The UK Space Agency and ESA managed to find Beagle 2, which was believed to have been lost during landing, after over a decade and according to mission manager the probe could still be in a working state and could be holding data.
The probe was detected through analysis of images captured by NASA’s MARS Reconnaissance Orbiter and according to the analysis, Beagle 2 managed to land successfully on Martian surface, but was only partially deployed – meaning that a maximum of three (out of four) solar panels are believed to have been deployed with its radio-antenna trapped under one of the panels because of partial deployment.
Beagle 2’s mission manager Professor Mark Sims of Leicester University is of the opinion that the probe could still be alive, working and holding data. “It might still be working,” Sims said as quoted by The Telegraph. “It still might be saying ‘I’m here, I’m here’
“There is even a possibility that it may have data in it. But the frustrating thing is that we can’t get to it. But this is not the end of the story”, he noted.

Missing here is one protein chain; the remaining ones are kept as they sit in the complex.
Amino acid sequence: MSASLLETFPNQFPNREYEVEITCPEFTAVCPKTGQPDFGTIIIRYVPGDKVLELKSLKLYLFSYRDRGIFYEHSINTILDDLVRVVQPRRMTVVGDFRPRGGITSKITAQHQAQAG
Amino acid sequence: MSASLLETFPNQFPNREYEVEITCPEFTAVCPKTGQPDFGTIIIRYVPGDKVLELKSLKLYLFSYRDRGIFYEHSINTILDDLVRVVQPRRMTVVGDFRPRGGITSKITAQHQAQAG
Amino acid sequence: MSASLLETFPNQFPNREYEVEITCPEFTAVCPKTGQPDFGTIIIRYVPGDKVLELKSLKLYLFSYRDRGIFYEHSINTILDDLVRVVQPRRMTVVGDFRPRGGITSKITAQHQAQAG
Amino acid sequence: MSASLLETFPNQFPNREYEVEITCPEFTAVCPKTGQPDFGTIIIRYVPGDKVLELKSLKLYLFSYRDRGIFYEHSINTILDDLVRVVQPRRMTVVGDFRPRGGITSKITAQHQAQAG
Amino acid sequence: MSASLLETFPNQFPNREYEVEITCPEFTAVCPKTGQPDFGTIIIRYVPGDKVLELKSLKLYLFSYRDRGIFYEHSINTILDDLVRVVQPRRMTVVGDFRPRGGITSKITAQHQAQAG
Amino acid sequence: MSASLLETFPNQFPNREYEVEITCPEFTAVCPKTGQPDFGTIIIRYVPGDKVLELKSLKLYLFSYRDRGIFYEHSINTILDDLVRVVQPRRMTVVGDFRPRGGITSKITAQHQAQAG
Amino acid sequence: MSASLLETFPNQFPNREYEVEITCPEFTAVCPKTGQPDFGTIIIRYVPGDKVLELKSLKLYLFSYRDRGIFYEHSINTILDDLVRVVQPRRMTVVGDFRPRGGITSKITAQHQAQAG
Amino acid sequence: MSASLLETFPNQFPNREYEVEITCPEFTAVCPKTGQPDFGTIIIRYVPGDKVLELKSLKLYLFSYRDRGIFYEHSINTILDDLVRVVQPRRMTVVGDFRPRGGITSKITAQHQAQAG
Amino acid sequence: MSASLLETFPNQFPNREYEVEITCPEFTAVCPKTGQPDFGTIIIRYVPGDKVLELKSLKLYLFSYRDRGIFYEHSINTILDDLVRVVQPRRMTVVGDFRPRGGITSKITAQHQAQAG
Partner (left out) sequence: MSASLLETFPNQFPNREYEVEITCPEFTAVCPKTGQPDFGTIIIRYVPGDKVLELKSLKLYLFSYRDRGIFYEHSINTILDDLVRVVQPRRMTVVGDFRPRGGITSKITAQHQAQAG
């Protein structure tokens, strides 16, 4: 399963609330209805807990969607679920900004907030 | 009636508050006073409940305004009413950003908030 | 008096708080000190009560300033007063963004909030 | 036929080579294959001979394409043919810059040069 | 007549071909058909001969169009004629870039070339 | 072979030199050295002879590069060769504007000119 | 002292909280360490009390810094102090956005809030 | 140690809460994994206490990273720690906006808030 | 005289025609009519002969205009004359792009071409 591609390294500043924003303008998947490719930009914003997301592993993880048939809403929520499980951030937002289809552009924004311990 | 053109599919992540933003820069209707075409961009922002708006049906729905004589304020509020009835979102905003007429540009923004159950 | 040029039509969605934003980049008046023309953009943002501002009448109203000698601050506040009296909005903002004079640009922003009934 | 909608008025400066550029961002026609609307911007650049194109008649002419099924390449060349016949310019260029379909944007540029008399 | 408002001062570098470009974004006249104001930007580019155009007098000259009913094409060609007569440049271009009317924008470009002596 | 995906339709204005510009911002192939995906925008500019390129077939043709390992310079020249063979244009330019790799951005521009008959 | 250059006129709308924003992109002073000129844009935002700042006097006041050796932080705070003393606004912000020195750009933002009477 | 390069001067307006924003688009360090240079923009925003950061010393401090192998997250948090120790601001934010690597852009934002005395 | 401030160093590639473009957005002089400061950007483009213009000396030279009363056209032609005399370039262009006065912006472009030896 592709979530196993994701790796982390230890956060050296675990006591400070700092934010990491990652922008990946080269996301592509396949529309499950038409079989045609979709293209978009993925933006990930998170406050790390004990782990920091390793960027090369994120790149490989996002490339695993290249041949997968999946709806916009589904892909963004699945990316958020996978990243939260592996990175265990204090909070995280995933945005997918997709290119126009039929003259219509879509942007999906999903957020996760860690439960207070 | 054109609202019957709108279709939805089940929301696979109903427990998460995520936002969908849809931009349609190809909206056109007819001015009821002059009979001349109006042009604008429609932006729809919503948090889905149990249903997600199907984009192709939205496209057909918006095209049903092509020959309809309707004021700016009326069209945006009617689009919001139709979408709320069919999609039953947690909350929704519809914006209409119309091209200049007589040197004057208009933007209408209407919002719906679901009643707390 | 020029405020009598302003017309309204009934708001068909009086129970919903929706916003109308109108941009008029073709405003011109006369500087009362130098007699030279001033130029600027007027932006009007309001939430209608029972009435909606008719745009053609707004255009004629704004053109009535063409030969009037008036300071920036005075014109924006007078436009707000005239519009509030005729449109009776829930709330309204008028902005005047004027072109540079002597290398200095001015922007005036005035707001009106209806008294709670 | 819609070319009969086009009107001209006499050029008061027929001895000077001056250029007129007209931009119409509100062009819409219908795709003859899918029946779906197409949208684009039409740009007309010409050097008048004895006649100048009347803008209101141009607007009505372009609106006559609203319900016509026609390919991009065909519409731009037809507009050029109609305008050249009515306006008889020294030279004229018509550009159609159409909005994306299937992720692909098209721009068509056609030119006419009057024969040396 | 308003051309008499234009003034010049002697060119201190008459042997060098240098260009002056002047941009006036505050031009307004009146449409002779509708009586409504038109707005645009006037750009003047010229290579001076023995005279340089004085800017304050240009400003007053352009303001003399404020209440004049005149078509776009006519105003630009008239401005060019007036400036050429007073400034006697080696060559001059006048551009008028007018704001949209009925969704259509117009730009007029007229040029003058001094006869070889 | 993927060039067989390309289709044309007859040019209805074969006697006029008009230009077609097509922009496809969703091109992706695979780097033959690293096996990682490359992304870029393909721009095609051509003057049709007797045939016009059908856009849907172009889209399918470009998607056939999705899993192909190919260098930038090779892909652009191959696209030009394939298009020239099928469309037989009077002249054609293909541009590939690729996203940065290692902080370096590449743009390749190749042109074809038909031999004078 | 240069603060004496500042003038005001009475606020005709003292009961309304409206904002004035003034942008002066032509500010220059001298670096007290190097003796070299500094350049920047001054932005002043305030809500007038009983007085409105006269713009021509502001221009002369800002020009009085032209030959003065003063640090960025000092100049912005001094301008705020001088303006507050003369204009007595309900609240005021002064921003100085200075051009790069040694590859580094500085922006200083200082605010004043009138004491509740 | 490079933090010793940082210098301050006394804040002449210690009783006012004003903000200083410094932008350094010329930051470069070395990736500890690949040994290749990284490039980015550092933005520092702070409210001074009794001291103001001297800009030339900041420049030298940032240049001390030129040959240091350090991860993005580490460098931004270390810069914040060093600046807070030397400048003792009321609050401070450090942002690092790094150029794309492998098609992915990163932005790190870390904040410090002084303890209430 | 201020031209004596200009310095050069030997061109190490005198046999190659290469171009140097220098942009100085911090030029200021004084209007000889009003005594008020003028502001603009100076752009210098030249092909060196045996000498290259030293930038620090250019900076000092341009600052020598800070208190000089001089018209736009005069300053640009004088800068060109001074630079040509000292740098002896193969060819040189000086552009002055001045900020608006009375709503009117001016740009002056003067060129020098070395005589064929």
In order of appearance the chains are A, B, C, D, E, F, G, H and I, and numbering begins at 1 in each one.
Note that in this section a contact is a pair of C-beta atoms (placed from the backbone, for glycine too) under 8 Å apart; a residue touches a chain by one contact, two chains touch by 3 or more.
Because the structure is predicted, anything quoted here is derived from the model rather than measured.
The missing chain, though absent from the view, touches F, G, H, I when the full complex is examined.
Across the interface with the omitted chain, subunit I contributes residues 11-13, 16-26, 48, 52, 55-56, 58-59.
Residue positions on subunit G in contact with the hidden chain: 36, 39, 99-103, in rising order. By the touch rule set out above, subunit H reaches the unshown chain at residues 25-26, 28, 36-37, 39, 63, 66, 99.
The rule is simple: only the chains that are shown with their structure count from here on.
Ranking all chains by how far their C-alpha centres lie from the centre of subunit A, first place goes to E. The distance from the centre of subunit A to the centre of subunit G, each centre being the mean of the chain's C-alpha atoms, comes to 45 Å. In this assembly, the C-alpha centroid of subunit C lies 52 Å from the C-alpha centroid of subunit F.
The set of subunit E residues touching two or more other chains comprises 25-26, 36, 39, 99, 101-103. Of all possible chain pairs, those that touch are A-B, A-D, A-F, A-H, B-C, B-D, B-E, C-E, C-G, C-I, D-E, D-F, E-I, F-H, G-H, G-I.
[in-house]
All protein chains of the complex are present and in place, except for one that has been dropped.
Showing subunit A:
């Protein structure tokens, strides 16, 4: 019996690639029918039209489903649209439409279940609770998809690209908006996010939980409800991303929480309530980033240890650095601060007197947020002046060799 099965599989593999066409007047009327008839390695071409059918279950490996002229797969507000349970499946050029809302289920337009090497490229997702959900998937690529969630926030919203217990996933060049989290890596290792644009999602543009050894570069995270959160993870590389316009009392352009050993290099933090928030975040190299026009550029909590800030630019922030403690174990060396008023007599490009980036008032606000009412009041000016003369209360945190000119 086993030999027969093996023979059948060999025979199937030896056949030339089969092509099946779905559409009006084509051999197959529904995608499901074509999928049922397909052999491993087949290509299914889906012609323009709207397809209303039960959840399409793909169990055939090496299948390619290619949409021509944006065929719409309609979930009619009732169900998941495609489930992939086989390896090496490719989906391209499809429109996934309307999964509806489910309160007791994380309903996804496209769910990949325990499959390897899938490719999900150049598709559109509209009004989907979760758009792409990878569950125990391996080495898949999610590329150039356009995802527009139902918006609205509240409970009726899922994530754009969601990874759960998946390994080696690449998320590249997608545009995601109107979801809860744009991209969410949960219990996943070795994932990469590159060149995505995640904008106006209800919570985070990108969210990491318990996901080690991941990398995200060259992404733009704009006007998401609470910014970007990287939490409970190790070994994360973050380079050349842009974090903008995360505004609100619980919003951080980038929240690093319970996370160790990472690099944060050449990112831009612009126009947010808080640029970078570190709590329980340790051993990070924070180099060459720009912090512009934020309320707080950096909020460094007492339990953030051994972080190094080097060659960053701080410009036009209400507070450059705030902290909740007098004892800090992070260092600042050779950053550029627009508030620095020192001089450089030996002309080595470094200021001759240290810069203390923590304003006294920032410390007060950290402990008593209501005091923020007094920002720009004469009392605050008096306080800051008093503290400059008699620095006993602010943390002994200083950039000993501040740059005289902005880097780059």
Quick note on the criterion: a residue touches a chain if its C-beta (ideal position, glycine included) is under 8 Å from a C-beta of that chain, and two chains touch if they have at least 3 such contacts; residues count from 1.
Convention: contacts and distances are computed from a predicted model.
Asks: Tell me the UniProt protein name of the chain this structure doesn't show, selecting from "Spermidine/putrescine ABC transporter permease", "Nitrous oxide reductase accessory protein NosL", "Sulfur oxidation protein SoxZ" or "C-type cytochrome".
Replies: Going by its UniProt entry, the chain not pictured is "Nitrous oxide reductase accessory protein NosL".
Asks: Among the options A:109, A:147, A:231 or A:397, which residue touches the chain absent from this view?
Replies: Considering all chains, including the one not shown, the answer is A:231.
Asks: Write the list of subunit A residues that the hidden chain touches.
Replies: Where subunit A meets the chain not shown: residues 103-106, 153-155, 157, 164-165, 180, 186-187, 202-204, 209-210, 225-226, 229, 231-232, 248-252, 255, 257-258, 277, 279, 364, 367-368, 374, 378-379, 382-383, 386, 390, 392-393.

“I am delighted that Beagle 2 has finally been found on Mars,” Sims had earlier said on discovery of the probe on Mars. “The images show that we came so close to achieving the goal of science on Mars.”
Beagle 2 may have failed in its science objective, but its legacy will live on with its technology being used in European Space Agency’s ExoMars Rover mission, which is going to be launched in 2018. ESA’s probe will be drilling to depths of up to 2 metres in a bid to find traces of life on the Red planet.
“We will come back to land on Mars using a lot of lessons we have learned from Beagle 2”, said Professor Álvaro Gimemez of the European Space Agency.